The Supreme Court on Monday dismissed an appeal by a Buddhist monk found guilty by the Tokyo High Court of trespassing at a Tokyo condominium complex to distribute Japanese Communist Party leaflets.
The top court’s decision will stir controversy because it could be seen as conflicting with the constitutionally guaranteed freedom to express political beliefs.
Yosei Arakawa, 62, was accused of entering the condo complex Dec. 23, 2004, and distributing JCP leaflets containing reports from local assembly members of the party the despite the presence of a notice banning the delivery of leaflets and fliers.
While brushing aside the view that the case focused on the legality or the constitutionality of punishing expression, presiding Justice Isao Imai said, “It violates the calm living environment of the condominium residents to enter there against their will, even if it is the exercise of freedom of expression.”
Arakawa remained defiant.
“The role of the Supreme Court is to put a stop to moves that suppress the freedom of speech, but it renounced that role,” he told his supporters.
Arakawa was arrested at an apartment where he had distributed fliers in the past. The entrance gate where the mailboxes were located did not have a lock, but he put the fliers in residents’ door mail slots, thinking that more people would read them that way. Residents complained when they saw him distributing the fliers and he was reported to the police. Arakawa was detained for 23 days after his arrest.
“I never thought distributing fliers to apartments, where various kinds of leaflets are distributed on a daily basis, would constitute trespassing,” Arakawa said. “I wasn’t told to leave in the past.”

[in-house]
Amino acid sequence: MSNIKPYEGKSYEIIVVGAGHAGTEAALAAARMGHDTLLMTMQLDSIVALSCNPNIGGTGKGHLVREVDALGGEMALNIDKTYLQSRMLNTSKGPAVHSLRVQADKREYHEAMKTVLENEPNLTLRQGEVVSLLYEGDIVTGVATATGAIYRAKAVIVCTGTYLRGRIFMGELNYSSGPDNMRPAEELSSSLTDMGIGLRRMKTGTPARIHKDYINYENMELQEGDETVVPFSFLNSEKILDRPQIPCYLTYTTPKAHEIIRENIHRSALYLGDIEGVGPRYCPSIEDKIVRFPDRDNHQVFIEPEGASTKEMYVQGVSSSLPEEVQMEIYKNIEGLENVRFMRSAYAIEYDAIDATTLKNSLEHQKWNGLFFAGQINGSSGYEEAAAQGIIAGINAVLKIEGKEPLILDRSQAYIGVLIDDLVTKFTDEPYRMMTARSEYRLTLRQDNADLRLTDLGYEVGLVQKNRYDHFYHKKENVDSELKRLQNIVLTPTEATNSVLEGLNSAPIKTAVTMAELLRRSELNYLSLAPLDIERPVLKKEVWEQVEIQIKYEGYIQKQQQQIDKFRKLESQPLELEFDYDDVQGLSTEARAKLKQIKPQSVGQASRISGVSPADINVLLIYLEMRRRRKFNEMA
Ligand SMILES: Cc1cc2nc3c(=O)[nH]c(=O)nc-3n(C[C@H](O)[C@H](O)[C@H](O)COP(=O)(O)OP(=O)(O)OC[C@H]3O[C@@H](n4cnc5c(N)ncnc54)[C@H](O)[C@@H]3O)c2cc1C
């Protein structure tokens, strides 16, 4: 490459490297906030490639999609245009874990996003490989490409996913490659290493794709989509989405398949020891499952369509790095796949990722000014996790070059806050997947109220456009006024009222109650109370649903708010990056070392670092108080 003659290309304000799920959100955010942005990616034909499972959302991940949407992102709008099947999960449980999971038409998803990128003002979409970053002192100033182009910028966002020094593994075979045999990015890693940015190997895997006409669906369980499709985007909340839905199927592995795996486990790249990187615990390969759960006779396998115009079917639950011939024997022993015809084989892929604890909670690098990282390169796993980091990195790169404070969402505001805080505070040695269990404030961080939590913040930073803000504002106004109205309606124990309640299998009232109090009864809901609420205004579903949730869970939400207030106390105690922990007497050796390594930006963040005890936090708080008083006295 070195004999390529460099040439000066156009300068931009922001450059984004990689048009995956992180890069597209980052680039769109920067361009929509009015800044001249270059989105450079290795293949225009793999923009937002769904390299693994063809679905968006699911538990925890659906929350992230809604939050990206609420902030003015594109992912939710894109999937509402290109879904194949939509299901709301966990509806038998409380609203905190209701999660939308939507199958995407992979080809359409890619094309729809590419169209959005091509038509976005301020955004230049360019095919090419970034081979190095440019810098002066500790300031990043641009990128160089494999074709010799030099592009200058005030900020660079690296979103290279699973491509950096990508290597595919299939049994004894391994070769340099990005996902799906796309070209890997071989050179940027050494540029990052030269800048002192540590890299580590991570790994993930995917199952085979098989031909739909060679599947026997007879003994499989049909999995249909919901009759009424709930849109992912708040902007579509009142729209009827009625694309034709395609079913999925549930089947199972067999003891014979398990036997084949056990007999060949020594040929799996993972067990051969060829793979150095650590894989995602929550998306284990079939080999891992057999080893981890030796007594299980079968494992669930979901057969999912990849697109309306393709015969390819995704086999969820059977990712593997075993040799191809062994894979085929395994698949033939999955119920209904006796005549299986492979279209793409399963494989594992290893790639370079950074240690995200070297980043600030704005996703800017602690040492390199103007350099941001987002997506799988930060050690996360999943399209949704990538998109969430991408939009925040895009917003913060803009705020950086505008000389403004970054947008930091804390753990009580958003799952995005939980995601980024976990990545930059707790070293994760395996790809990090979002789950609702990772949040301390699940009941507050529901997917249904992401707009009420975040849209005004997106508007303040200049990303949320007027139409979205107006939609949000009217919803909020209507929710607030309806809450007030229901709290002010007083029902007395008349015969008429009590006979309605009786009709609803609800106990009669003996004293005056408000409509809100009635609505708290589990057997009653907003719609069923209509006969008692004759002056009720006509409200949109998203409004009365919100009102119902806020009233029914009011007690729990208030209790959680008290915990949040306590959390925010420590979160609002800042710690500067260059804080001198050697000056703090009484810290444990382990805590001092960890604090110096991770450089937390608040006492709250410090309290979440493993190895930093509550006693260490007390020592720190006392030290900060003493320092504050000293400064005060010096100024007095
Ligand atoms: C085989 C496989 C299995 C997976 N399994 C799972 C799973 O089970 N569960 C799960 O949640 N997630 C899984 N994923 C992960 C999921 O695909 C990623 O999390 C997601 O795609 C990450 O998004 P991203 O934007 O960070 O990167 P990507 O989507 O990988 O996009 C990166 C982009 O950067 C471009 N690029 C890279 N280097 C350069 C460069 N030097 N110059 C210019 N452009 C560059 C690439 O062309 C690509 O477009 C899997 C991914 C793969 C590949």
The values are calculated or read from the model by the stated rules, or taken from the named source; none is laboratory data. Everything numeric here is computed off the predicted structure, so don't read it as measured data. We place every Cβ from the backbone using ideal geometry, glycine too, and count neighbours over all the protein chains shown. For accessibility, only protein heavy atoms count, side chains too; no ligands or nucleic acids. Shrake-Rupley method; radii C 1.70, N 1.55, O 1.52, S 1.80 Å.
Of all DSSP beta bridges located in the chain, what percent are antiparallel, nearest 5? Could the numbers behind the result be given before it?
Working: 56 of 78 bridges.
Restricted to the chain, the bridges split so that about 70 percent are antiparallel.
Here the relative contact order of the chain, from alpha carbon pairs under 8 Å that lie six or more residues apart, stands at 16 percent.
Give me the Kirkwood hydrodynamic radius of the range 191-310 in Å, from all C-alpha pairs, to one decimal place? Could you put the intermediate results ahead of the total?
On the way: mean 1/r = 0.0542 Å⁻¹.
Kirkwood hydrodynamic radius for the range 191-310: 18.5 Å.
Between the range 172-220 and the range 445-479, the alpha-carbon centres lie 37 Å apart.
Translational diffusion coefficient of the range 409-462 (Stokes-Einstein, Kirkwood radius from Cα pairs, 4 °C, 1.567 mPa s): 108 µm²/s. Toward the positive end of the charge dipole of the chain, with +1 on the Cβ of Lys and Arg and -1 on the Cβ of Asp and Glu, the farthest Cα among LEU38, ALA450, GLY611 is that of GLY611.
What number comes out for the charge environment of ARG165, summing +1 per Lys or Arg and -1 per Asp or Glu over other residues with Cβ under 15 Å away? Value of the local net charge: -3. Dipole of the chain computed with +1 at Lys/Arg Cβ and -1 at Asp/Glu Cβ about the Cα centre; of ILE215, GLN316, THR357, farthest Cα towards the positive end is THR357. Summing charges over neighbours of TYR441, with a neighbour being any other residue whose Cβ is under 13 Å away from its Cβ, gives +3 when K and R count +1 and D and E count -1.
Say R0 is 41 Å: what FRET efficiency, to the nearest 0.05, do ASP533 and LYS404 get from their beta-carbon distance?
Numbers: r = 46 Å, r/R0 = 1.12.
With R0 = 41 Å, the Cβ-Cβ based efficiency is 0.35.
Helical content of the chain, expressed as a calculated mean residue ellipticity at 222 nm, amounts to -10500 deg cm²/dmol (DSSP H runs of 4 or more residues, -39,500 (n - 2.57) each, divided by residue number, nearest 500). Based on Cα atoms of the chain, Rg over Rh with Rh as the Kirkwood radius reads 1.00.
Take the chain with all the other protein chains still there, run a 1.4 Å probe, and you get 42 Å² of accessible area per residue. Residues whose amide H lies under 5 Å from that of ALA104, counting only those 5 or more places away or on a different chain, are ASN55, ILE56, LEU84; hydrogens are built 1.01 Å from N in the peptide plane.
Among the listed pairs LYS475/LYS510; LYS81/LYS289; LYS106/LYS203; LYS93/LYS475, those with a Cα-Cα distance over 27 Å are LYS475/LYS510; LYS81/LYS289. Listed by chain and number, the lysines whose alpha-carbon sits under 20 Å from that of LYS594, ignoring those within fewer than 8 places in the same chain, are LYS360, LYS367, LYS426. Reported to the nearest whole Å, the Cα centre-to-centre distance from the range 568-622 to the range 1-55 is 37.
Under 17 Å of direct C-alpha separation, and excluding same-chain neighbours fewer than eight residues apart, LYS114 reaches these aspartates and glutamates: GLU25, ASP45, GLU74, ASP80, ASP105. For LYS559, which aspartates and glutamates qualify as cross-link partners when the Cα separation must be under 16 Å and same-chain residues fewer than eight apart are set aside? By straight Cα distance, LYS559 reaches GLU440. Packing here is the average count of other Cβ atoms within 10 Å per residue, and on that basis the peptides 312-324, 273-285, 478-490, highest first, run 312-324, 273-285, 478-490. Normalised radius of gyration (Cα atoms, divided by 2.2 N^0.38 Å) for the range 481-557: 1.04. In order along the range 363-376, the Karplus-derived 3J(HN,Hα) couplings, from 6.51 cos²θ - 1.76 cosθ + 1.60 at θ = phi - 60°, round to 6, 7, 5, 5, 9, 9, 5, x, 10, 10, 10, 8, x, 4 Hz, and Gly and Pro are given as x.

He was initially acquitted by the Tokyo District Court, which ruled in August 2006 that it was not a socially accepted idea to punish people who briefly enter a residential complex to distribute leaflets.
But the Tokyo High Court fined Arakawa ¥50,000 in December 2007 on the grounds that the condo management union had banned the entry of outsiders in line with the wishes of residents.
The high court also said freedom of speech is not guaranteed unconditionally and no one is allowed to unfairly violate other people’s rights.
It was the second time a district court acquittal has been overturned in relation to a series of police crackdowns since 2004 in Tokyo on people who distribute political fliers.
In December 2005, the Tokyo High Court reversed a lower court acquittal and fined three members of a citizens’ group from ¥100,000 to ¥200,000 for distributing political leaflets at a housing complex for Self-Defense Forces personnel in Tachikawa, Tokyo, to express opposition to the dispatch of SDF troops to Iraq.